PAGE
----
But Wouldn’t It Be Nice?

The interesting thing about progressivism is its relentless moralism. The subject line of Bernie’s email is “Stop this immoral disaster.” Calling something “immoral” often excuses one from thinking about it in any practical way. Bernie was talking about the tax issue, but his lack of any specifics is just indicative of this sort of mindset.

When I call something “immoral” or “evil,” that means that I have stopped careful consideration of it, too. Them’s fighting words, words of action.

One just hopes that there is some thought upon which that judgment of immorality can be based.

In his earnest (if under-thought) wishes for a debt-free beginning to careers (Bernie himself was a slacker, and then entered Congress in a great binge of living off the system) and for automatic, care-free medical assistance for all, Bernie seems driven by a utopian vision, an Edenic myth, backed only by

  1. activism and
  2. subsidy from the rich

IMG_4679Indeed, this email sums up his whole approach. It is an appeal to activists to support more activism that would (the scheme runs) lead to government action that would take from the rich and give to the not-rich. So no wonder, in all this, it is important to mention the awful spectacle of billionaires “buying and selling” — no talk of renting, interestingly enough — “our candidates and elections.” The big money game in politics is there, of course, because big money is what it is all about. Bernie S. and his fellow B.S.ers demand that “the rich” subsidize them more. Which is about money. Lots of it. The mere presence of the B.S. agenda ensures that those whom B.S.ers wish to plunder will lobby government to keep a bit more of what they have.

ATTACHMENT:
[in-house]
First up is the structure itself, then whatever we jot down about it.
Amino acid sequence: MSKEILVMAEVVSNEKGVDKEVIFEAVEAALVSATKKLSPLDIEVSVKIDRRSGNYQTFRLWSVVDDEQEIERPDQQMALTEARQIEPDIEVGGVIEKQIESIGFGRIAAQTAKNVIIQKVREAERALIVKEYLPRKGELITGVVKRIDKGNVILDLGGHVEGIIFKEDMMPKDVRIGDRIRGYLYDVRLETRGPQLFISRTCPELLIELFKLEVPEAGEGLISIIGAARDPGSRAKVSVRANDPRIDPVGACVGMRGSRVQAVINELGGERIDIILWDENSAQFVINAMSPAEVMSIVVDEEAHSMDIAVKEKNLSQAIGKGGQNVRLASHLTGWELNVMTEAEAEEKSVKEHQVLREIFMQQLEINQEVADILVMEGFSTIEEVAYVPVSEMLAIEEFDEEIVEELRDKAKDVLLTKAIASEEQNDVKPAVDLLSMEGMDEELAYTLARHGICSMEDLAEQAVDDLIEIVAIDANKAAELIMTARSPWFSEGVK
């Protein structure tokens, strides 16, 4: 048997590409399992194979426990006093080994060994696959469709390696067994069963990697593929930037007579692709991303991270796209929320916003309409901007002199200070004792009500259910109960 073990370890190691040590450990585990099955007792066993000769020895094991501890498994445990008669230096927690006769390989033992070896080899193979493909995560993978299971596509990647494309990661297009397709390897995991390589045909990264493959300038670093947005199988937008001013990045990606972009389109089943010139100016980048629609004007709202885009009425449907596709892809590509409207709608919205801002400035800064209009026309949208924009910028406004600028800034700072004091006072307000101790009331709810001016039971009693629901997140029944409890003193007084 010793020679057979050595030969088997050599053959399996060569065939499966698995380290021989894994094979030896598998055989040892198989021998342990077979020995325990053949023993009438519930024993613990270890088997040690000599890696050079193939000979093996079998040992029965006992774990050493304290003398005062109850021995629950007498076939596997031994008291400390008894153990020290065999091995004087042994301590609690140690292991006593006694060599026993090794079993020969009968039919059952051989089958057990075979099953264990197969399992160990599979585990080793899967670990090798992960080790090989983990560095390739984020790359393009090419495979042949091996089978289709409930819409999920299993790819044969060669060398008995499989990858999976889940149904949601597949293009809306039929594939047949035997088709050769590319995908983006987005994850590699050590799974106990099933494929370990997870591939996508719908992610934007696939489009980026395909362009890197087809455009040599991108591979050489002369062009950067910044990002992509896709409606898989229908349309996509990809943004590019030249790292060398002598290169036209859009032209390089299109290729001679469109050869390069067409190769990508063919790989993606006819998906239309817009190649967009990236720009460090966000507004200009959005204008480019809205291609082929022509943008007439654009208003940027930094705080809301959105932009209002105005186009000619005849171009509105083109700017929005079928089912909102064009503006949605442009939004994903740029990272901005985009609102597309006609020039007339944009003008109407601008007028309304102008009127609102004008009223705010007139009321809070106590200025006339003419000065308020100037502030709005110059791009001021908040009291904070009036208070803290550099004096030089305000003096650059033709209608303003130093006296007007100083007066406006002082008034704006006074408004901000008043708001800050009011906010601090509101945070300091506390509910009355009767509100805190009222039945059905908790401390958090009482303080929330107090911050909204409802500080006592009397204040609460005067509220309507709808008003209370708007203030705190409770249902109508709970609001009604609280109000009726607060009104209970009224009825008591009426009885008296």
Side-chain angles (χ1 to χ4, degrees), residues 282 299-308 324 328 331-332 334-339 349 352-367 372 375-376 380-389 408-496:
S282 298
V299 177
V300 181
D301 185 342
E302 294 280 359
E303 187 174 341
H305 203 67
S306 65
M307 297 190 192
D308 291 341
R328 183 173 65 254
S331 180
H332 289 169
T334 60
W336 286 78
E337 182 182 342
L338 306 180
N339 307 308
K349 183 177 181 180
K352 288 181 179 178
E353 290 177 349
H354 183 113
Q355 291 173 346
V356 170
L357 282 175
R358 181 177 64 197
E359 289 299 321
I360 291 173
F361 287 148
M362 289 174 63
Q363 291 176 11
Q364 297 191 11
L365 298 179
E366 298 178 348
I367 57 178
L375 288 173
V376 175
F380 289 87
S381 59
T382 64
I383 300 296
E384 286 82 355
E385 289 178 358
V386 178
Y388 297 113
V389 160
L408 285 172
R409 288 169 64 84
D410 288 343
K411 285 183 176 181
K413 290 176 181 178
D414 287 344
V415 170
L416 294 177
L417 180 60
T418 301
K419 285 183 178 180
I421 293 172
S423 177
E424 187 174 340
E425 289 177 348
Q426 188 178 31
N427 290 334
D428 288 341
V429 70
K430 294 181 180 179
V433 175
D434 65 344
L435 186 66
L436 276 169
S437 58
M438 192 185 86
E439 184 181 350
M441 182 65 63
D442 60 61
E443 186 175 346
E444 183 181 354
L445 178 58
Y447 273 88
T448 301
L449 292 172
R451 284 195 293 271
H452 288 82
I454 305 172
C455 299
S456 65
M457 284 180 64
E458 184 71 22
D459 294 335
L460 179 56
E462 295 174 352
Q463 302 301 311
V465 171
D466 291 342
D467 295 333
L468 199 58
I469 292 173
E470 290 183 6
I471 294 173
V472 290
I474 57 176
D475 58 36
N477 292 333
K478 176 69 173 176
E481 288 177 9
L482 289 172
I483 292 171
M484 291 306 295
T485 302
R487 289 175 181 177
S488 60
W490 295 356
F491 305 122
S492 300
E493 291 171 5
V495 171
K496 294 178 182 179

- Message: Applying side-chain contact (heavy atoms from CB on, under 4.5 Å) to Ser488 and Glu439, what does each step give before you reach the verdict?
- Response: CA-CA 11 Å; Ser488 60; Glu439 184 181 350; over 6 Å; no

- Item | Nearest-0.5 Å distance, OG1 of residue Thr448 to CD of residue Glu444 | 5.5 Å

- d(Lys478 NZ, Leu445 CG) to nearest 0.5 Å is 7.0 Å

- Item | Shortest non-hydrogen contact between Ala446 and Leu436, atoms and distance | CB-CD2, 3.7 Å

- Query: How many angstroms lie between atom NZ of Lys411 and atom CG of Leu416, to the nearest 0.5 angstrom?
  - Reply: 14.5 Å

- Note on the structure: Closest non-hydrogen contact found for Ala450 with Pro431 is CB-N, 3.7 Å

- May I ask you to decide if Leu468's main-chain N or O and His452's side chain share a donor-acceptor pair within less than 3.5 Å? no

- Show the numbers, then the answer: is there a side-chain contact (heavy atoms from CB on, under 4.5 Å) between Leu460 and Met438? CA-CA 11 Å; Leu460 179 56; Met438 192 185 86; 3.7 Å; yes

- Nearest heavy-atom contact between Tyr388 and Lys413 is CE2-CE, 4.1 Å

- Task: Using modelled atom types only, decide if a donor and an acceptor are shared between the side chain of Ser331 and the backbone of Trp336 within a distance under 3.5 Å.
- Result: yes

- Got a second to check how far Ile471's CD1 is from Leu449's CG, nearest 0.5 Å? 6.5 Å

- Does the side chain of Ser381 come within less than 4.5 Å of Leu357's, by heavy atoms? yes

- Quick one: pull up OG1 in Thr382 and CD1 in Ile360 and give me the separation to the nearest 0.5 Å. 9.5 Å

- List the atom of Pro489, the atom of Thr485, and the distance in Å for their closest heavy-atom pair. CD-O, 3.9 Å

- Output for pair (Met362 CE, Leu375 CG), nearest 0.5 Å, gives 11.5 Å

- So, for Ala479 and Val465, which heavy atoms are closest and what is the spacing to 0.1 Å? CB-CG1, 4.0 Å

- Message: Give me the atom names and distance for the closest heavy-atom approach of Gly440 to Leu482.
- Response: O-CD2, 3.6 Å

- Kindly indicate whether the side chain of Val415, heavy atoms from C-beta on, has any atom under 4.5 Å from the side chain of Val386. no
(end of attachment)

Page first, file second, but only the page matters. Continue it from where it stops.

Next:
This is simply the nature of politics. When it is not about offense, it is about defense. And the more hits in offense a group takes, the more the group will spend in defense.

And by complaining about the rich defending themselves, the B.S.ers are trying to stack the game in their favor. Not only do they think it would be “nice” if other people paid for their college educations and their health care, they think it would be especially nice if those people who pay do not have a say in the “deal.”

How convenient.

Yet they are the ones always talking about “greed”!

This whole approach that they push seems a huge grab from a few to give to the many.

Quite a scheme they got, there.

None of This Is New

Nothing I have written here should strike anyone as in any way novel — except perhaps for a few quips and phrasings. After all, this is a very old debate. As soon as “socialism” became a word on the lips of reformers and revolutionaries, these debates became ubiquitous.